Although the vast majority of animal products, like pork and chicken meat, come from conventional farming systems, alternative methods of production do exist. In the UK, Denmark, Germany, Austria and the Netherlands, for example, credible, higher welfare labels have been developed that assure improved welfare outcomes for farmed animals all the way from birth until slaughter. Organic farming also holds much potential to deliver higher animal welfare outcomes, and Eurogroup for Animals is now calling on EU institutions to better ensure that this principle will be put into practice all across the EU. When coupled with improved consumer information and a reduction of overall meat consumption, higher welfare systems can help lead the way to a more sustainable food chain. But success will require the right mix of public and private support. Some good practices already exist.

In the Netherlands for example pork production from the Beter Leven label has doubled in just three years and leading Dutch retailers like Albert Heijn are now only selling higher welfare pork. Another label, RSPCA Assured, has been so successful with regard to pork that a third of all British farmed pigs are now being reared under RSPCA assured standards. Mandatory egg shell labelling, in force in the EU since 2004, has also helped to increase transparency of production methods for laying hens, driving a significant increase in cage free egg production across the EU.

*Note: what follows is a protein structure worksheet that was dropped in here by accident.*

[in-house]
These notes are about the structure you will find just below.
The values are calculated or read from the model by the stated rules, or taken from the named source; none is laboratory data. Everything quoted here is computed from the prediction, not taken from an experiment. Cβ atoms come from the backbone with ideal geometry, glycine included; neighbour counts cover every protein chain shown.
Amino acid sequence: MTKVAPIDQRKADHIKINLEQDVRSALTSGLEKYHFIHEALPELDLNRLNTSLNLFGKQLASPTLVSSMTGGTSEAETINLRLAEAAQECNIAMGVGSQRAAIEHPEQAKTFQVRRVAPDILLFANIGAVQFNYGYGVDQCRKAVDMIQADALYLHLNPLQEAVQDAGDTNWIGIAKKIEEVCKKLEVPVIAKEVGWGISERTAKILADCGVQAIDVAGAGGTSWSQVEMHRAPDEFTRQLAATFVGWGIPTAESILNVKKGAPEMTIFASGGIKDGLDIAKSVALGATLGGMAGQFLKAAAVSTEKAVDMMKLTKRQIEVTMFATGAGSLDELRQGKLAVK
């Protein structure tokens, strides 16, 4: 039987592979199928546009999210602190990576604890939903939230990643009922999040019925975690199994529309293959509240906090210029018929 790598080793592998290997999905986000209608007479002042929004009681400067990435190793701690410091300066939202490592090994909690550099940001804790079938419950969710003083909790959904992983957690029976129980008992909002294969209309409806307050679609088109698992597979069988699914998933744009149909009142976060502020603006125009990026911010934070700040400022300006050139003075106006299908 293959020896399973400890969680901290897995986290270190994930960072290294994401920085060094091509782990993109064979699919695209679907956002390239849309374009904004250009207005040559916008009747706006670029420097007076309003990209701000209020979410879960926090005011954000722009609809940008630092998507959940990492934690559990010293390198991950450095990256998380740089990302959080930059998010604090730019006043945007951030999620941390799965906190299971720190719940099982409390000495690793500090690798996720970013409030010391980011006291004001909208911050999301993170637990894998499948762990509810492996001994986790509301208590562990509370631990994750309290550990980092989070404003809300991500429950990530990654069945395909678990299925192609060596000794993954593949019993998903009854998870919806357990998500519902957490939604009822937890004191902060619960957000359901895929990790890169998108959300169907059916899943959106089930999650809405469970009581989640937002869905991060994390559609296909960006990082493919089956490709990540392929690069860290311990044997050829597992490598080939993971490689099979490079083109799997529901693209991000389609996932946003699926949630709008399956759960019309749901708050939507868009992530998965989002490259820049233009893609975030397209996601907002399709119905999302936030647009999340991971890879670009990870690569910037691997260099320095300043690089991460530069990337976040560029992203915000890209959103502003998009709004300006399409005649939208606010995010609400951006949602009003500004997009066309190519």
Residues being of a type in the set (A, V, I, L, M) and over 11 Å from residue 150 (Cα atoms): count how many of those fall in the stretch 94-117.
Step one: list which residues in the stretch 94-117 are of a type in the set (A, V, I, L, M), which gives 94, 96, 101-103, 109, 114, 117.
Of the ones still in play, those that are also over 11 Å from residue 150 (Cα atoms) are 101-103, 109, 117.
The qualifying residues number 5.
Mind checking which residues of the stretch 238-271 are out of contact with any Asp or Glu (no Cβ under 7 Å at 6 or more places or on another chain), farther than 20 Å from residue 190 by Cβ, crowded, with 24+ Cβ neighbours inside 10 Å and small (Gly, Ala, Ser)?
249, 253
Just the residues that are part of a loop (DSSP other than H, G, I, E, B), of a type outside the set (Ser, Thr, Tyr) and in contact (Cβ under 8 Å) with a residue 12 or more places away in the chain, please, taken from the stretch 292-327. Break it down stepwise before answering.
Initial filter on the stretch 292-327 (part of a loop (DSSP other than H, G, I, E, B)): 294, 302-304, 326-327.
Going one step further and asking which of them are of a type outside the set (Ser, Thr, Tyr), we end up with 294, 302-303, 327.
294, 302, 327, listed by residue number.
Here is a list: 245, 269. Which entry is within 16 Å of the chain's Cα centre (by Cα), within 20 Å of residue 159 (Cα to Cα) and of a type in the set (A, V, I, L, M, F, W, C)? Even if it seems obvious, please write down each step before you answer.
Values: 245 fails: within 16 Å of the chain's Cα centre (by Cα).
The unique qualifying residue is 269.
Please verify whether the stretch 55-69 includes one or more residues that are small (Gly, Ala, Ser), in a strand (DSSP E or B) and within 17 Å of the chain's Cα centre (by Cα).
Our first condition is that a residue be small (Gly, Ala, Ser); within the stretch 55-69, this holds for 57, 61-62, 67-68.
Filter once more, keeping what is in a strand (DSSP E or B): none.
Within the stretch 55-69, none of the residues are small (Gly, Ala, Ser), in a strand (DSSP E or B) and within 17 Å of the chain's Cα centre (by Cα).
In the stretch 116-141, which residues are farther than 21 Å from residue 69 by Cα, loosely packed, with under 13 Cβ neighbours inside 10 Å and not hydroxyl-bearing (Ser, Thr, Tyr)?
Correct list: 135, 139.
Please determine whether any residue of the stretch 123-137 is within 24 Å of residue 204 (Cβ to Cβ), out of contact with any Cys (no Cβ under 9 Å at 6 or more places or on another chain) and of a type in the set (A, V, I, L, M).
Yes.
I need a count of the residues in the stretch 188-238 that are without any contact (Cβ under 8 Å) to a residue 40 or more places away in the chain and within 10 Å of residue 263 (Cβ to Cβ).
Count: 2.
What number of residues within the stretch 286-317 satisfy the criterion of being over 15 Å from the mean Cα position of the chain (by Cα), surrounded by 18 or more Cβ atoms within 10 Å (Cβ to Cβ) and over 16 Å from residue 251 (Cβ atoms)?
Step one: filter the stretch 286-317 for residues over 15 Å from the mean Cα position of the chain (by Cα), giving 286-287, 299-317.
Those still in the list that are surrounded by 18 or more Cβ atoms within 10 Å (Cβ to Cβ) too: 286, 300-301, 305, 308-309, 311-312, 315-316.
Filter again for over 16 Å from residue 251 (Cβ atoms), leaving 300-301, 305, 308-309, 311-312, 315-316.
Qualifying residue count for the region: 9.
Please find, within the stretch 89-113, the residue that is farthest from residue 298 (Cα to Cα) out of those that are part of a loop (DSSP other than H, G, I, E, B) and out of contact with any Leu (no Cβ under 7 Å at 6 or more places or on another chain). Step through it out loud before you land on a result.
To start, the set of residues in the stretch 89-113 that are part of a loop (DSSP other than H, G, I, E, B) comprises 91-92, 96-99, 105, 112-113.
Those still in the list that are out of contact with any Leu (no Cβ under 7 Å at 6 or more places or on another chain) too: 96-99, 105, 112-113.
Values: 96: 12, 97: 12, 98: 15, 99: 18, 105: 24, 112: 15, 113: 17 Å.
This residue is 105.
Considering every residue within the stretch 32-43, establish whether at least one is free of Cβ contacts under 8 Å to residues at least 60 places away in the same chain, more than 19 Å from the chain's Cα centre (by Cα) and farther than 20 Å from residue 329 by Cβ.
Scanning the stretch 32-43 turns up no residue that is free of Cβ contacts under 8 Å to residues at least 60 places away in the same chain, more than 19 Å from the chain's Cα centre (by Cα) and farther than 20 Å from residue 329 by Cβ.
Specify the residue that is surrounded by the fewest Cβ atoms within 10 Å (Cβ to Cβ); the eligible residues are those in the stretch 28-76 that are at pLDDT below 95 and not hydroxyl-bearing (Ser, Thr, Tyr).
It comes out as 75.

Ms. Hameleers stressed that there are very important pre-conditions to make higher welfare products the norm. “Farmers must be encouraged to adopt higher welfare standards through public and private incentives like mandatory method of production labelling, improved rural development support, and better private investment. Furthermore, retailers and food producers must become more accountable, improve their sourcing and production methods, and do their part to increase information to consumers.”

For more information please contact:

Martyn Griffiths,
T: +32 (0)2 740 08 23 | E m.griffiths@eurogroupforanimals.org

Facts on the sustainability of the food chain:

Livestock production already accounts for 70 percent of all agricultural land (and 30 percent of the earth’s land surface). The wide-scale production of animal products and animal feed is one of the greatest sources of resource inefficiency of our food production, as calories fed to animals could be better used by people.